Financial & Legal

Residency - Ona boat ??

TradeWinds writes in Financial & Legal

Hi, we currently rent our primary residence and therefore have no where to live when back in France.
If we purchased a boat and lived on it, would that be acceptable as a 'residence' for French Social Security purposes etc.
Please reply if you have some experience as this is a particular situation. Have scoured the net to no avail.

Posted on: 29/06/2012 at 15:34

TradeWinds -

To begin with, you may find you're asked more questions than offerings.

One point already has my interest - you say you rent your primary residence. In that case you cannot be evicted without a whole raft of reasons to support the move. Have you elected to move out? I'm curious about your mention of "...nowhere to live when back in France..."

Is there anything in your rental contracts that actually use those terms or are they the terms used by your insurer? As a tenant you hold significant rights of tenure if it is indeed your primary residence, but I'm sure you're fully aware of all that.

Posted on: 29/06/2012 at 16:08

@ Alan - I read the original post to mean that they have a house in France that is "rented out" , therefore they cannot move into it.

@ Tradewinds - no personal exp. but had friends that lived on a boat near Perpignan for several years after bringing it down through the canals, the owner of the marina where you moor the craft should give you an attestation as proff of residence for the authorities.

Cant find an 'official' link but searching google for "voilier en habitation principale" got this which seems to agree.

Posted on: 29/06/2012 at 17:02

Well is it the primary residence or is it rented out? It can't be both.

Posted on: 29/06/2012 at 17:09

As I said - we might find we start out with more questions....!

Outlaw - you could be right.

Rache. Trust a woman to bring us straight to the point!!

Posted on: 29/06/2012 at 17:11

Thanks for the replies everyone. Outlaw got it right in interpreting my poor question. Because we travel for 6 months of the year we let our house rather than have it empty. That means when we return 'home' we have nowhere to live. We stay with friends etc. That being the case we have no utility bills, Habitation tax with our names on. You need these every two years or so.
The boat idea is attractive as we tend to be here during the summer. So, the question was relating to is it a 'residence' albeit a secondary one.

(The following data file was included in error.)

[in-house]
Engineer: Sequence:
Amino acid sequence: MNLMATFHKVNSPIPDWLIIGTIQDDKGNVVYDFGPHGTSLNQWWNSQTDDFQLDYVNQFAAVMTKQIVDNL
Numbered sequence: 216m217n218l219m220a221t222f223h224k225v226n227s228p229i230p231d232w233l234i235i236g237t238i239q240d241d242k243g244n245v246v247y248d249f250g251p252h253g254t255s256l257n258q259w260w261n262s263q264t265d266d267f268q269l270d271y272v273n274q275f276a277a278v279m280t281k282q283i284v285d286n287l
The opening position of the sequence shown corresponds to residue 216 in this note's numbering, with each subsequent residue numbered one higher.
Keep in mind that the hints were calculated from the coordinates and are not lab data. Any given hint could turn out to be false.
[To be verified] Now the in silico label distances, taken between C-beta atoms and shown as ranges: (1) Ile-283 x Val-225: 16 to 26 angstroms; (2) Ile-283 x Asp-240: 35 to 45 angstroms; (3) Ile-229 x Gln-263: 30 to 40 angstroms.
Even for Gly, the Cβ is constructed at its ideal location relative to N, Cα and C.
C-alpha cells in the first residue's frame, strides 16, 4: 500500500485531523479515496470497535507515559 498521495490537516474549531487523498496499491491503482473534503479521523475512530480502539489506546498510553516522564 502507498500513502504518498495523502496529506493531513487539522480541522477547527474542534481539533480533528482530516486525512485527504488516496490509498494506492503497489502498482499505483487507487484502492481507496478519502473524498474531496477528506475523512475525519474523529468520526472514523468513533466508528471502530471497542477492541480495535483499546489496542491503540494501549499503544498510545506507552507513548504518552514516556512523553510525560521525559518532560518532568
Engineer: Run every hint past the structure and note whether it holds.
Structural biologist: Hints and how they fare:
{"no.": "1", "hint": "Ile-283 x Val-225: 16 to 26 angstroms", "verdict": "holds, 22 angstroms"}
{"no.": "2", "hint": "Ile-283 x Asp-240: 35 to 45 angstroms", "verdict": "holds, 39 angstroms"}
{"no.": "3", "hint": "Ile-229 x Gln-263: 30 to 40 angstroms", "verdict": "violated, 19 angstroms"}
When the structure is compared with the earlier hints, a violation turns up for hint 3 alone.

Apologies for the confusion. Lesson learnt.

Posted on: 29/06/2012 at 20:32

Tending to be here in the summer ........ To qualify for French residency you must live here for at least 6 months/183 days of every year. Where you live, be it in one of several homes or on a boat, doesn't affect your residency status so long as you can prove you actually occupied it for 6 months. The harbour master will only give you a residency attestation if you are in occupancy and not just if your boat is moored there.

Presumably you declare your rental income in the UK.

As a French resident you declare your resources each year as from next May (for the first time you have to go and get the form, you can't do it online) and all global income excluding UK Government pensions is subject to tax here. You must make a declaration even if you have zero resources.

By French Social Security purposes, are you referring to CPAM and cartes vitales? As you'll have read (ad infinitum!) on various forums, eligibility has really tightened up and anything 'out of the ordinary' is checked rigourously. Despite what you may hear and read about, to enter the French health system you need to have lived here for at least 3 months continuously and, what many people don't realise is, you must prove a 'droit de séjour'. This is proof of regular income to support all family members.

Posted on: 30/06/2012 at 14:43

Recent Classifieds and Discussions

Latest Classifieds
Latest Discussions
Become Member List your Business Blog For Us

Health Insurance Quote

Content Sponsor

Bupa Global

This Winter, get a FREE quote for worldwide health cover for you and your family: 24 hour... Find out more...